First off, I will say that the game owes a huge debt to the COIN series and I cannot overstate my gratitude to Volko Ruhnke for inventing it. Volko and I follow each other on Twitter and he knows about Werwolf. I will say here that this is not a GMT product so it does not officially fit within the COIN series – rather it is a stand-alone, “COIN-inspired” title from Legion Wargames. Of course, there are many differences between Werwolf and something like Andean Abyss, but experienced COIN players will feel right at home when they see the wooden pieces!

Volko’s model is the perfect basis for this game because it covers everything distinctive about insurgencies as opposed to conventional warfare: shifting population loyalties, hidden guerrillas, asymmetric factions, etc. Like the Viet Cong or the Taliban, the Werwolf guerrillas do not have the firepower or numbers to stand toe-to-toe with their enemy. They must blend into the population, strike from the shadows and encourage civilian resistance to outlast the occupiers. The core mechanics of the system handle this imbalance really well without getting down into the nitty gritty of weapon types, ground scale, battlefield tactics, etc. “Units” are represented by wooden cubes or cylinders and do not have a set scale. What matters is their function and their relationship to other unit types. The game actually looks and feels a lot like a euro game – the combat involves no dice, actions are short and direct, while player interaction, resource management and careful weighing of options is the key to victory.

The heart of the game’s engine is the shared event cards and sequence of play. As Volko explains it, in a normal card-driven-game, you have a hand of cards that you are looking at, so your attention is focused on your own options. With the shared event card for all players, everyone is directing their attention to the board and to each other. It is also more realistic in a way. If you are a military or political leader, events happen and you must react to them. You do not have a selection of events that you can choose from. It also provides an interesting way to structure turns. You can see one turn ahead into the future, but beyond that you have no idea what the turn order will be or who will be able to block, disrupt or help the other players.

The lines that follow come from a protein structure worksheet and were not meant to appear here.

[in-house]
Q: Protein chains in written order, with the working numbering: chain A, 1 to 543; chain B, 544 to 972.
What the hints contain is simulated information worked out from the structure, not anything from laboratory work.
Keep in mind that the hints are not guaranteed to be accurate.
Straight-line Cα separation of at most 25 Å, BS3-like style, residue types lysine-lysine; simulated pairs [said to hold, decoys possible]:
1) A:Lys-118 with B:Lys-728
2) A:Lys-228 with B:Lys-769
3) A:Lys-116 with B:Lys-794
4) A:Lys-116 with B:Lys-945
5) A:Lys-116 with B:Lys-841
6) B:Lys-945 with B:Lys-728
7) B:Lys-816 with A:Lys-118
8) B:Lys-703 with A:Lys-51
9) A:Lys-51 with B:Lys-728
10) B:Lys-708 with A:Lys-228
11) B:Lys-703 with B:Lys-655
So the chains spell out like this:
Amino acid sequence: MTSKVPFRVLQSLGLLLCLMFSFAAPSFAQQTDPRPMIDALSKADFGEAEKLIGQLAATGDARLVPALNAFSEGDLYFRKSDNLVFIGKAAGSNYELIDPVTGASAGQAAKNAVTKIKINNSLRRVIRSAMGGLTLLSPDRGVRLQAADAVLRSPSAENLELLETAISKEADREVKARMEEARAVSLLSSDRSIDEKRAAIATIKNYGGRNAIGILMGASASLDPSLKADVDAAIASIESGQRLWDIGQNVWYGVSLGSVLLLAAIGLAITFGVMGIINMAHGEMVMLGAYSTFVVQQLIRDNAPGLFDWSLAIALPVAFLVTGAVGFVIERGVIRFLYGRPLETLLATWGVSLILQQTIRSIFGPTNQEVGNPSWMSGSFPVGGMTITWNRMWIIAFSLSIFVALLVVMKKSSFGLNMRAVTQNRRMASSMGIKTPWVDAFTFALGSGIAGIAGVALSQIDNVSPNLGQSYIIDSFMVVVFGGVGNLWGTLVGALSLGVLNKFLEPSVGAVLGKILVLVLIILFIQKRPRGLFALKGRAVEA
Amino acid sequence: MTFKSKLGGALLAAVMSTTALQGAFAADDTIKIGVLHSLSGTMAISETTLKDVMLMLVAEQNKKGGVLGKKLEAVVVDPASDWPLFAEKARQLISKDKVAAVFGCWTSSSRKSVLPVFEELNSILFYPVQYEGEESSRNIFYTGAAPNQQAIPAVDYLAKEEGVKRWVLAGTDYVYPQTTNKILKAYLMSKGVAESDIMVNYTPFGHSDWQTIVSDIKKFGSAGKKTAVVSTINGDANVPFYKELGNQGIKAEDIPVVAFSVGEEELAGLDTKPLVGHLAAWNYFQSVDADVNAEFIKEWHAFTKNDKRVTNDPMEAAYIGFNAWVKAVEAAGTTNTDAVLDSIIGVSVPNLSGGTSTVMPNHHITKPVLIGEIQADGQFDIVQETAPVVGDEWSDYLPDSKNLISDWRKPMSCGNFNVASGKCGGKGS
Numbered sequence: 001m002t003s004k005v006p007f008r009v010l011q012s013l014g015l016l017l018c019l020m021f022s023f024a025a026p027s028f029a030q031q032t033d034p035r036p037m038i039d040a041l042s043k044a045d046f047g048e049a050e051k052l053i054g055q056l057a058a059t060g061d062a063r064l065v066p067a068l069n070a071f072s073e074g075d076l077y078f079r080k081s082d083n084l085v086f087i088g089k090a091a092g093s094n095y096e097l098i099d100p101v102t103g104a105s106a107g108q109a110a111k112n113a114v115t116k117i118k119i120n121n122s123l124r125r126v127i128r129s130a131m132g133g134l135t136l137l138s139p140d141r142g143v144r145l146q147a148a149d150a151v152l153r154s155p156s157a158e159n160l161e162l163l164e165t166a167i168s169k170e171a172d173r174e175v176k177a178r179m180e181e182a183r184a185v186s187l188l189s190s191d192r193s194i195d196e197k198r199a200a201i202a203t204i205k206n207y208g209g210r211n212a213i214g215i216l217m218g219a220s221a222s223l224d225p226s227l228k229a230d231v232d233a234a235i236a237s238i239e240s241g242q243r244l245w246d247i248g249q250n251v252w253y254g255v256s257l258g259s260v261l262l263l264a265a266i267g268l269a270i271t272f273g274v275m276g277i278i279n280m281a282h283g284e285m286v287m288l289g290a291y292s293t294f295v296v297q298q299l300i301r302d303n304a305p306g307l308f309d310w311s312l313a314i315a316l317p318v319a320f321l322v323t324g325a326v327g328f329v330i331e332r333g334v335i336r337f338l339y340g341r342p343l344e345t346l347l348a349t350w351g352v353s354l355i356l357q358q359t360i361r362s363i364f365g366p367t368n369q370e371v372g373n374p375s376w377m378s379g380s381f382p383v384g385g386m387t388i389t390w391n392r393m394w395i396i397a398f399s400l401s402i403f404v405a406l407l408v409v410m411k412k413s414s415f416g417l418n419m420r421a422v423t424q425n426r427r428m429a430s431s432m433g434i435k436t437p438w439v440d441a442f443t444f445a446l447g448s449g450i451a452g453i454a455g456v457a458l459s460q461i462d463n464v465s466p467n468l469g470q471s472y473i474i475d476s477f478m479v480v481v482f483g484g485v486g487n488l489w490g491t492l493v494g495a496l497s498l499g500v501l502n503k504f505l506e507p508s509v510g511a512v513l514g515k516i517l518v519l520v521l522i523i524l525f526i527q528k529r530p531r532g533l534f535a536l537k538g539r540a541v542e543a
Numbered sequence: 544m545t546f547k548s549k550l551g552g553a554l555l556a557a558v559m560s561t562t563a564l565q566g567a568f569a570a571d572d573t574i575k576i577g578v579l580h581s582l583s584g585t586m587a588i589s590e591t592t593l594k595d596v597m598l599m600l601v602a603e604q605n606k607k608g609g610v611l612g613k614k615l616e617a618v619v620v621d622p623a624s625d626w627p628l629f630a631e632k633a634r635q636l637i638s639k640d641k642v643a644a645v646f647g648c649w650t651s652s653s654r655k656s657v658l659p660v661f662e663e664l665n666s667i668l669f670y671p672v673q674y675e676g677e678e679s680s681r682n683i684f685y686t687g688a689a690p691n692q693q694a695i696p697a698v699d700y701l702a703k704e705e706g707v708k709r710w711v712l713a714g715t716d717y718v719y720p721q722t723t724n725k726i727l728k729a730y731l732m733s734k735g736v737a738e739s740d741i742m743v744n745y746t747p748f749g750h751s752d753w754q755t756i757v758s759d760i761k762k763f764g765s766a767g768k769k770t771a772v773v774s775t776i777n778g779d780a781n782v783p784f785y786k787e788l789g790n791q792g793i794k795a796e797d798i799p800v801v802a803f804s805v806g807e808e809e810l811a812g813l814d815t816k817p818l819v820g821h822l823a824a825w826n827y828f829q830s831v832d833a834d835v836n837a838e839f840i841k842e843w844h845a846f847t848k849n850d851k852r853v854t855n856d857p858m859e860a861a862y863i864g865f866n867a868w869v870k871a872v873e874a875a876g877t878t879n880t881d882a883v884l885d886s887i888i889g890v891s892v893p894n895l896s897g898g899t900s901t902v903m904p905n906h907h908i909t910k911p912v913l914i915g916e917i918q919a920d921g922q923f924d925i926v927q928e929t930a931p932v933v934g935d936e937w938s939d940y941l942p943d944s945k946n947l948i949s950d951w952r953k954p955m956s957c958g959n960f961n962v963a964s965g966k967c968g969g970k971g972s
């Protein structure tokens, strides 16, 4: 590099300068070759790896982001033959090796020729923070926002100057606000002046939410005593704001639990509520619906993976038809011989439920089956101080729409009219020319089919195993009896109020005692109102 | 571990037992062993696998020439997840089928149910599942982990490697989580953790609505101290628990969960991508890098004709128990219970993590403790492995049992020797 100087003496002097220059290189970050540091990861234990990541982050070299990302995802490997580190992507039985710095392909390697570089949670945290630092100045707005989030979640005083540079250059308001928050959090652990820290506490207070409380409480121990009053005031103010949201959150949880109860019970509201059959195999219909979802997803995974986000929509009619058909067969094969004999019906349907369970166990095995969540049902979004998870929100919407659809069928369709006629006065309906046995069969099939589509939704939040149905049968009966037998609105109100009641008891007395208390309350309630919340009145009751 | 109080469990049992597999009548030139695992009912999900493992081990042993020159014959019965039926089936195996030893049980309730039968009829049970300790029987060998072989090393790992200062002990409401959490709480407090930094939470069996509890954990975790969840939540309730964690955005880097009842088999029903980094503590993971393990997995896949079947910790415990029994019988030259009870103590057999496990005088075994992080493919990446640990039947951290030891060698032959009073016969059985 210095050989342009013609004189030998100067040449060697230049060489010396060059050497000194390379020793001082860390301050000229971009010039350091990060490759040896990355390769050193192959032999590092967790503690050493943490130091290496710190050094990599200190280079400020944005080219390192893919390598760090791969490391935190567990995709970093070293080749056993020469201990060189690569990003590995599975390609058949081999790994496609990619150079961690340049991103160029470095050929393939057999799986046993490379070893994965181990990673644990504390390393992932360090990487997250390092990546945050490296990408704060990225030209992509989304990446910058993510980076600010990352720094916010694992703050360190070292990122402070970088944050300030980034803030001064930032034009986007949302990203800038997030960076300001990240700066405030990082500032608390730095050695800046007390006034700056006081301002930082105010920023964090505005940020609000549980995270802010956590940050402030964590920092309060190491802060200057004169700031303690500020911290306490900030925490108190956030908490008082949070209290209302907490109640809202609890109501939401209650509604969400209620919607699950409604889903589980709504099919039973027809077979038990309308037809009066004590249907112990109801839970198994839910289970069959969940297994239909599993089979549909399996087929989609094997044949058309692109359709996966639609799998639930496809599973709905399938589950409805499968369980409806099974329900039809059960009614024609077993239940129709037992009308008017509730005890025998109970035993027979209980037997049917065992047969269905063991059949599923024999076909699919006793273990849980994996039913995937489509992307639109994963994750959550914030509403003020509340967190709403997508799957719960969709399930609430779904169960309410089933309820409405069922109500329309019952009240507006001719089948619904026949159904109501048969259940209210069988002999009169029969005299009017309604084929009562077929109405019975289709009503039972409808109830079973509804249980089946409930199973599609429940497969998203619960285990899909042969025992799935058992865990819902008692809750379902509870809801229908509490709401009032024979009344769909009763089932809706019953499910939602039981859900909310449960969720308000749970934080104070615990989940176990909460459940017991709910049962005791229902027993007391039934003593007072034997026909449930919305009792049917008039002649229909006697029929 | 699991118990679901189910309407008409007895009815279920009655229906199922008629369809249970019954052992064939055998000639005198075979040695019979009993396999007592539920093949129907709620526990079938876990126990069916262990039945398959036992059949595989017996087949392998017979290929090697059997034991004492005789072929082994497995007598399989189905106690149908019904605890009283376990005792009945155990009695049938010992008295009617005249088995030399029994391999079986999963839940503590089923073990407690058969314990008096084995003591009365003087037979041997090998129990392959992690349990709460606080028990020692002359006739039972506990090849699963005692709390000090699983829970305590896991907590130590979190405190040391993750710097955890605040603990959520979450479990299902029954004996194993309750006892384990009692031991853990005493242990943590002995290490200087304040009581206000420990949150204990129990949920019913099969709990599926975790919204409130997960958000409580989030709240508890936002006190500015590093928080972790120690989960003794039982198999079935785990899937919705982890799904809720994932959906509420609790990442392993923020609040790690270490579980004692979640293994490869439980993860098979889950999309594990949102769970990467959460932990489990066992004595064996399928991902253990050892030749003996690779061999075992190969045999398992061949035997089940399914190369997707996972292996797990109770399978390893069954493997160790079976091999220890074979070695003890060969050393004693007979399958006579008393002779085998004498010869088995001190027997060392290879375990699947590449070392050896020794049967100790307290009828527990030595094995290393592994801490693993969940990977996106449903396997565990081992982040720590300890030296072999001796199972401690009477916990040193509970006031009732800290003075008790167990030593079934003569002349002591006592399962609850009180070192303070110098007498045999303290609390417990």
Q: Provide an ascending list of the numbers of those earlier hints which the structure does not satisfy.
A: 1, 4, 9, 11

Aside from these basics, Werwolf has a LOT of features not seen in any other COIN game or indeed in most other wargames. I will just mention 2 of them here:

  • Cold War Tensions: The game takes place in Germany in 1945-1948, with the country divided into Soviet and Western Allied occupation zones. While nominally on the same side in putting down the Werwolf and Edelweiss insurgencies, the Soviets and Allies in this time period are certainly not best friends! The growing suspicion and hostility between these ideological rivals is represented in the game by the Cold War tensions track, which is an absolutely crucial part of the game. This track starts at number 1 (Co-operation), when the two sides are friendly to each other. Very soon this will escalate to 2-3 (Suspicion) where Soviet and Allied pieces will treat each other as enemies for the purposes of movement. It will then go to 4 (Standoff, where movement in Berlin is “frozen”) and then 5 (Escalation, which doubles the cost of actions). If the track reaches 6 (War Imminent) the Soviets and Allies will declare war on each other at the next crisis round, ending the game and handing victory to the insurgents as the two Cold War superpowers destroy each other! The tensions track acts as an important “brake” on operations as the Soviets and Allies must waste turns “negotiating” to reduce tensions if they have been too aggressive against each other. It also redresses the imbalance between the militarily dominant occupation forces and the much smaller insurgent forces. Indeed, the insurgents will often deliberately use actions or events to push tensions up. Cards like Ike (see below) can help to manage tensions.